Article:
The role of Helen has famously been played by several incredible actresses including Angela Landsbury and Avis Bunnage, Jodie explained how she goes about making a character people know so well her own. “You do feel the pressure of those who have gone before you but that’s what gives you the drive to work hard and gives you the confidence to decide how you are going to create your character. It’s about my Nan’s ethic almost of rolling up your sleeves and getting stuck in. It’s important you develop the character how you want to develop her and that comes from working with your fellow cast members. I think she’s real; the only way you can play a character like her is by playing the truth.” 

Drawing on her experiences with her own family when it comes to the mother daughter scenes Jodie states “Making the mother daughter relationship believable I think comes from taking your experiences and using them. Taking experience and inspiration from characters you’ve met along the way. Definitely the relationship you have yourself with your mother, sometimes I find although Helen and Jo are polar opposites they are also so similar I think that’s why they come up against each other so much.”

Set famously in the 1950’s Prenger explained how those elements will still very much be present but with some additional styling from designer Hildegard Bechtler. “It’s the same production team who worked on the 2014 production at the National, but what they are really, really set on is keeping those elements of the 1950’s but making it poignant for today. There’s music like Nina Simone, Peggy Lee and Amy Winehouse, there’s live jazz, there’s folk music. The aesthetic of Amy Winehouse really influences the design, her style, look and music. The costumes will be 1950’s but not so much starched dresses etc that it couldn’t be any other time but will hint at modern day as well, same with the props and set too.”

Launching the tour in Salford the birthplace of Shelagh Delaney feels appropriate; we were interested to hear Jodie’s thoughts on what her character Helen would make of 2019 Salford. “My brother Marco lives nearby and I can’t believe how much it’s changed, perhaps she’d find the nearest gin bar, she’d have a great choice. I’m sure she’d love it; you always love home don’t you. That’s what Shelagh Delaney was like, she says there’s not many places she’d like to live, maybe London but then she’d always come back home. Home is home.”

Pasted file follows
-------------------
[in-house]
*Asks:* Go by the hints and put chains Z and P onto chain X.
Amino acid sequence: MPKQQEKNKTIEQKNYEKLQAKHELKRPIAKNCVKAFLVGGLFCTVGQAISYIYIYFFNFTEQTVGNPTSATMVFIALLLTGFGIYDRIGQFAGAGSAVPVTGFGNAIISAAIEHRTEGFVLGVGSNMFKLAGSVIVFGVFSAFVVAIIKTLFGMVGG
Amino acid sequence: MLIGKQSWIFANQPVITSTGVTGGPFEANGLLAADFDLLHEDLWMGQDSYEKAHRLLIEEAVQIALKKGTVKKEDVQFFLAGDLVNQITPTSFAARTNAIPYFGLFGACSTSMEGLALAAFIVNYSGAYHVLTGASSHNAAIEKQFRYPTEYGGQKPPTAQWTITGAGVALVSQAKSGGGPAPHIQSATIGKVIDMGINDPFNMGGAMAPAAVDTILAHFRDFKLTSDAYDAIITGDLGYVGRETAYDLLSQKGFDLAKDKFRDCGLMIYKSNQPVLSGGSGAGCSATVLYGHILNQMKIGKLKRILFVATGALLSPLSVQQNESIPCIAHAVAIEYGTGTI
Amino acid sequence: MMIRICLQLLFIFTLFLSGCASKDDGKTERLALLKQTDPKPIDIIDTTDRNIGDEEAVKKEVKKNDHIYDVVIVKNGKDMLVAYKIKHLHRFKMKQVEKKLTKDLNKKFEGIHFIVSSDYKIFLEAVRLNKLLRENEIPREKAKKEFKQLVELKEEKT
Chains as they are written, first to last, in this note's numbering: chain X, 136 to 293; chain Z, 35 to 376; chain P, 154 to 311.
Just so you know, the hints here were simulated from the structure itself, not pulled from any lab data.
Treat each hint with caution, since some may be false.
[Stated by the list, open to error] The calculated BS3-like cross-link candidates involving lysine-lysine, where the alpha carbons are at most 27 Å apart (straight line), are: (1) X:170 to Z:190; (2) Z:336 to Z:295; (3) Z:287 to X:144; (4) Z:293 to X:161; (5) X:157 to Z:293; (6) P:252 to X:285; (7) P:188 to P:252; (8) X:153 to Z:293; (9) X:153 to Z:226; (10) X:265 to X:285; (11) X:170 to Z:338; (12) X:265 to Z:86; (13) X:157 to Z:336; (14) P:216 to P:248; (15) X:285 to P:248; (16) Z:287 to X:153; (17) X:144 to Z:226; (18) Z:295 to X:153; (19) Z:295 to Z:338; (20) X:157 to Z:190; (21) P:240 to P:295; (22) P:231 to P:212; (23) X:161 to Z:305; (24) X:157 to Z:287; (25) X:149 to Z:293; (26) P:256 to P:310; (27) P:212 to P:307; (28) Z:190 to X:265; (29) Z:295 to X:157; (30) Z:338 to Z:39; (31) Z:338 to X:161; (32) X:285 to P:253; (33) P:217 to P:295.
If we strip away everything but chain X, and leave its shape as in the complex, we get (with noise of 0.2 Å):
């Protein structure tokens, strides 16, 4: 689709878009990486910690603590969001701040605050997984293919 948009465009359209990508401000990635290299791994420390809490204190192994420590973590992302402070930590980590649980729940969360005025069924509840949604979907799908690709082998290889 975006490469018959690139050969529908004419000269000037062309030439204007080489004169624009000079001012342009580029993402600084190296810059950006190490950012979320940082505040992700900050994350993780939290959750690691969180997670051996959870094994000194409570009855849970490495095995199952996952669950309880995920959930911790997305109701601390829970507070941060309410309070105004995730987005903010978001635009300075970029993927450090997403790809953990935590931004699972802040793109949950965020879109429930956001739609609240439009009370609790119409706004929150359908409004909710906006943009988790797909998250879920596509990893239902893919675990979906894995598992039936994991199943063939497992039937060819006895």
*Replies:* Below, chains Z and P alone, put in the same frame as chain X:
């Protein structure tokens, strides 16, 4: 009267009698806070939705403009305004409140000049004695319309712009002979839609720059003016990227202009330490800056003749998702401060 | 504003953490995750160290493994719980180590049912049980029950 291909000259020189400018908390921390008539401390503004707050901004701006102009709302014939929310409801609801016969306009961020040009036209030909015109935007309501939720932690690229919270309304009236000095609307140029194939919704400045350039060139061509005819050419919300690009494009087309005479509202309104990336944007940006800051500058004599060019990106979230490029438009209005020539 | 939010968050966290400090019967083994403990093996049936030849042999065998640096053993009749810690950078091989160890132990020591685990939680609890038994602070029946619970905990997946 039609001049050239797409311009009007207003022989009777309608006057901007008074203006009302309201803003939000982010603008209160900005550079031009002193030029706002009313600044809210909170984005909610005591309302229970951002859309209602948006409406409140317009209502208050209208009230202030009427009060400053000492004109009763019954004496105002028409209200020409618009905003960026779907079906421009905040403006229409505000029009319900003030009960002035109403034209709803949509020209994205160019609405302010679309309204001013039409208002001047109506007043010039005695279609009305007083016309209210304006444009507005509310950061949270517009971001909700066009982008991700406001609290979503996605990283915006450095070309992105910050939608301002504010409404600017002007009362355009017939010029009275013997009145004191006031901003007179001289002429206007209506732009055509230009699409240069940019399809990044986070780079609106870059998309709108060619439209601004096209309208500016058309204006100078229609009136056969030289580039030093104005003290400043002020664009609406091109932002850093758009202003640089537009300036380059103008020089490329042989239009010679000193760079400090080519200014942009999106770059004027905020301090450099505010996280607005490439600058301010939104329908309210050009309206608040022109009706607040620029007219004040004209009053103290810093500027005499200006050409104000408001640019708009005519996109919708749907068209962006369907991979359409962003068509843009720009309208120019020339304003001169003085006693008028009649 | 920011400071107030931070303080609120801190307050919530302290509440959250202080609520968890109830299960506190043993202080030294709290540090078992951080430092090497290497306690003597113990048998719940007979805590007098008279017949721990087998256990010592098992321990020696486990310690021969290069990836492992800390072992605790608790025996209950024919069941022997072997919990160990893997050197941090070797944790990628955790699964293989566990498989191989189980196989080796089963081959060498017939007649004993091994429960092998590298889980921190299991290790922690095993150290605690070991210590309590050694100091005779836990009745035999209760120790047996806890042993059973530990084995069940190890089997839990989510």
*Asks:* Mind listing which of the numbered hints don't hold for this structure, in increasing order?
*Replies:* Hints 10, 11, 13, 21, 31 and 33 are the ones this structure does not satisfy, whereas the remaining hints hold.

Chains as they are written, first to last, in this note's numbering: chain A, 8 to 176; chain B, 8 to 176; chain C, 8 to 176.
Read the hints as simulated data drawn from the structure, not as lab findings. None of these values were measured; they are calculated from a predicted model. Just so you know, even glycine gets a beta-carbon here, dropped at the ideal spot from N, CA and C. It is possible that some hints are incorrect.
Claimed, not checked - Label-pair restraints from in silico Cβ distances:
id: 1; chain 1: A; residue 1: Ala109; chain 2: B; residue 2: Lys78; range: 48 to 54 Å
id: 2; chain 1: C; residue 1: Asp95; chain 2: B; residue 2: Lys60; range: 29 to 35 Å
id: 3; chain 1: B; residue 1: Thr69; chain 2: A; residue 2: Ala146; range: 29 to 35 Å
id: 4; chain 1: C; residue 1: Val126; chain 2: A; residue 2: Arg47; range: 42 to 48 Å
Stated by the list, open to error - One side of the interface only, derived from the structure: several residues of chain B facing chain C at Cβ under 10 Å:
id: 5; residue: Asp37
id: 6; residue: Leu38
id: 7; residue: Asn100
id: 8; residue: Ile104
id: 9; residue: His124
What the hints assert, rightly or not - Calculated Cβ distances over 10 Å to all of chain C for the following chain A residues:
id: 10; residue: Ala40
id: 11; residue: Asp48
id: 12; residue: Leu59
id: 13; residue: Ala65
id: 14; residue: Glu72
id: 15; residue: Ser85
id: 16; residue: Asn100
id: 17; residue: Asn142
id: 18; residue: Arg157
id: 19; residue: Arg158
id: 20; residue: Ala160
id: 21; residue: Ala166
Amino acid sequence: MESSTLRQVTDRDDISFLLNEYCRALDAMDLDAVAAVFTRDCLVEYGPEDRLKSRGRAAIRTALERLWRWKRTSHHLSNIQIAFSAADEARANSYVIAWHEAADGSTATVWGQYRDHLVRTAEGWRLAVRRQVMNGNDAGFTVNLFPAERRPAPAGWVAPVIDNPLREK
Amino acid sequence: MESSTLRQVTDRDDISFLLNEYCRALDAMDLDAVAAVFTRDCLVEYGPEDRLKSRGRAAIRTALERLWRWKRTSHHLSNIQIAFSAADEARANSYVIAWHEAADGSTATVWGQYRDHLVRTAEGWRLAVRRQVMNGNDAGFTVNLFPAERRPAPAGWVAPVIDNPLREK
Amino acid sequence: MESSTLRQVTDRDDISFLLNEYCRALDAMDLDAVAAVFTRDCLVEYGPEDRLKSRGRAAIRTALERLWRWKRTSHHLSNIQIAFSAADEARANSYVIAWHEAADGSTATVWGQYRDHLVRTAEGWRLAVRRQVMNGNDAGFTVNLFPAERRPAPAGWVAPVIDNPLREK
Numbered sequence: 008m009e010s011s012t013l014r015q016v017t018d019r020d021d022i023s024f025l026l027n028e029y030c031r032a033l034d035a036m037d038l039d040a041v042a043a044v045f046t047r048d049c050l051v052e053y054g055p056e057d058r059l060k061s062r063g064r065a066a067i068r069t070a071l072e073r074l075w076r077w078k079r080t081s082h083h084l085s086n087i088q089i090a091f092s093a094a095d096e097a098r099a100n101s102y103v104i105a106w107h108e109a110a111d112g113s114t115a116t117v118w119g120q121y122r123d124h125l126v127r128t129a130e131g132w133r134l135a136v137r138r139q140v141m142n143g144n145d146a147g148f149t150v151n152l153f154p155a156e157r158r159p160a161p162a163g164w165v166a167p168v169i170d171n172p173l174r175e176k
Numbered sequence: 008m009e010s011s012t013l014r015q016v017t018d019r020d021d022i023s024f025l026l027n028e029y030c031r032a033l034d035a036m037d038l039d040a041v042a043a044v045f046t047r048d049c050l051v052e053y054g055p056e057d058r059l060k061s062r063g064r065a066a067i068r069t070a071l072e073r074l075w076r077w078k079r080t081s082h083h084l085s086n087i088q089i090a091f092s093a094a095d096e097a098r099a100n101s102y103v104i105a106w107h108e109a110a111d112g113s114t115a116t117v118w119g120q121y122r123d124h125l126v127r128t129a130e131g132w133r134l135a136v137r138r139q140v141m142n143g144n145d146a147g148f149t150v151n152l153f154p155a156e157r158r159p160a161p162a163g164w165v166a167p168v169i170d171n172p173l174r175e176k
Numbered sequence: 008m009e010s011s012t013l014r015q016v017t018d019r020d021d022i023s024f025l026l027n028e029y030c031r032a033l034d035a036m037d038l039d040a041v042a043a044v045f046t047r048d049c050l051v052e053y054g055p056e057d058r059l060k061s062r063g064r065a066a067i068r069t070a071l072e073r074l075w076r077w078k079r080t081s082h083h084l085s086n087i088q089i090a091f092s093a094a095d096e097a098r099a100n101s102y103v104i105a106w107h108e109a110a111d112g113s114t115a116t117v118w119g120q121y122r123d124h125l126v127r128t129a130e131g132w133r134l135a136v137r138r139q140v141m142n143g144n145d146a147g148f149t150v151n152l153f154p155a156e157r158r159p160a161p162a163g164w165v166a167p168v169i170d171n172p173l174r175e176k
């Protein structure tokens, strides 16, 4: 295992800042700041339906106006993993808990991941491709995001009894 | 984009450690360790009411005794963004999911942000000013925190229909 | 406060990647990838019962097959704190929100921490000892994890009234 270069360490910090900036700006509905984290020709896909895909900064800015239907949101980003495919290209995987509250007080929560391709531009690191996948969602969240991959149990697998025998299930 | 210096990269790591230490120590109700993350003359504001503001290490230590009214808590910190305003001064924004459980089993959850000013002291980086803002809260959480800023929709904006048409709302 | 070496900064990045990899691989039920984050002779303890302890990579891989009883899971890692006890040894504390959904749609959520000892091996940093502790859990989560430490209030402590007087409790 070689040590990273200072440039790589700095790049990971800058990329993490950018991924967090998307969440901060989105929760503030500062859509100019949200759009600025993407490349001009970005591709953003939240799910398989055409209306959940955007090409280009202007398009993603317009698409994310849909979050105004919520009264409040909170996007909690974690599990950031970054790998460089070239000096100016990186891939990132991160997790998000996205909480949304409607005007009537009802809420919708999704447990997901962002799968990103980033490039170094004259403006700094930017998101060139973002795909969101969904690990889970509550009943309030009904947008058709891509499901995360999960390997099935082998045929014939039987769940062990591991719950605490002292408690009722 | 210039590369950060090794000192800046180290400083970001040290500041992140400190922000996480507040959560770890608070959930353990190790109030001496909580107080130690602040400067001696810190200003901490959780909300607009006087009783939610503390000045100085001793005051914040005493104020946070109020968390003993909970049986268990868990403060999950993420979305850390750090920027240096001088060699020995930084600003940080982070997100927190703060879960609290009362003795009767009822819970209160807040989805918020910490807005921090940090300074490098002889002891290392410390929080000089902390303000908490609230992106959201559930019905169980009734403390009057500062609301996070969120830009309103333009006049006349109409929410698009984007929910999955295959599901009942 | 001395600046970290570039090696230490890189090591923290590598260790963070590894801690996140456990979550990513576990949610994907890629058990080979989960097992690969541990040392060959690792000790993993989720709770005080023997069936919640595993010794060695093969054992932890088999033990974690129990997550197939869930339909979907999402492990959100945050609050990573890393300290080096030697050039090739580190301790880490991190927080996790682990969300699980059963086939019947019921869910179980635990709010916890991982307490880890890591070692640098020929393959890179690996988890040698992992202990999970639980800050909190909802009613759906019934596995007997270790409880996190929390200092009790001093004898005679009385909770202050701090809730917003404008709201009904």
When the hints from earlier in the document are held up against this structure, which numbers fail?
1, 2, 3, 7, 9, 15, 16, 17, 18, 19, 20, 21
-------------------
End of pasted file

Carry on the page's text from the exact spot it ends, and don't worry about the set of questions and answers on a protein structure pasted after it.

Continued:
A Taste of Honey opens at The Lowry on Friday 13th September and runs until Saturday 21st September, tickets available https://thelowry.com/whats-on/nt-a-taste-of-honey/

 

 

 

 

Mythos: A Trilogy

📷 David Cooper

Reviewed by Nikki Cotter

Opening Night verdict ⭐️⭐️⭐️⭐️⭐️

Fresh from taking the Edinburgh Fringe by storm, Stephen Fry brings his one-man trilogy to the Lowry as part of his first UK tour in almost 40 years.

Mythos: A Trilogy based on his best selling books Mythos and Heroes allows Fry to focus on a different subject matter in each of the three shows starting firstly with Gods, then secondly Heroes before thirdly and finally taking on Men.

Effortlessly charming and unquestionably entertaining Fry weaves through the history of Greek mythology right from the origins of the Ancient Greek Gods all the way through to the realisation that mortal man had progressed so far that perhaps the glorious Gods who’d ruled with such majestic power were no longer needed. Each and every story is packed with brilliant and witty observations as the Great Gods are brought to splendid and spectacular life.

Sitting centre stage on a throne-like leather armchair, Fry, a natural storyteller draws his audience in as though huddled round a campfire: his knowledge and enthusiasm bursting to be shared. Large screens surround him as projections of animations and classical paintings play out.

Stories roll off Fry’s tongue captivating the audience while delving deep into the origins of the Greek Gods. The names of the Original 12 Gods, their children, their cousins, heroes, creatures and mortals are reeled off effortlessly as Fry adds depth to his delivery with witty anecdotes and entertaining ad libs.

Stories are made accessible with Fry designating regional accents to the various individuals and comparing their personalities to modern day references, Heracles for example is a Brummie while Titan is described as being a “bit of an emo”.

As well as Fry’s captivating storytelling he adds various interactive elements to each show firstly in the form of the ancient version of trivial pursuit, in this case ‘mythical pursuit’. Audience members are invited to pick a subject from which Fry regales the listeners with interesting facts about said subject. In addition to this Fry opens up his oracle during the interval giving audience members an opportunity to email their burning questions in the hope of Mr Fry selecting theirs for discussion at the start of Act II. Sadly on this occasion even the oracle was stumped when the word Brexit emerged.

Wonderfully this Herculean sharing of what can only be described as an encyclopaedic knowledge never feels overwhelming or inaccessible. Fry’s warm and playful nature ensures every audience member feels part of this mythological ride and will leave the theatre armed with both a huge respect for the ancient Greeks and plenty of interesting facts to wow their friends and family with thus achieving Fry’s aim of returning to a storytelling society.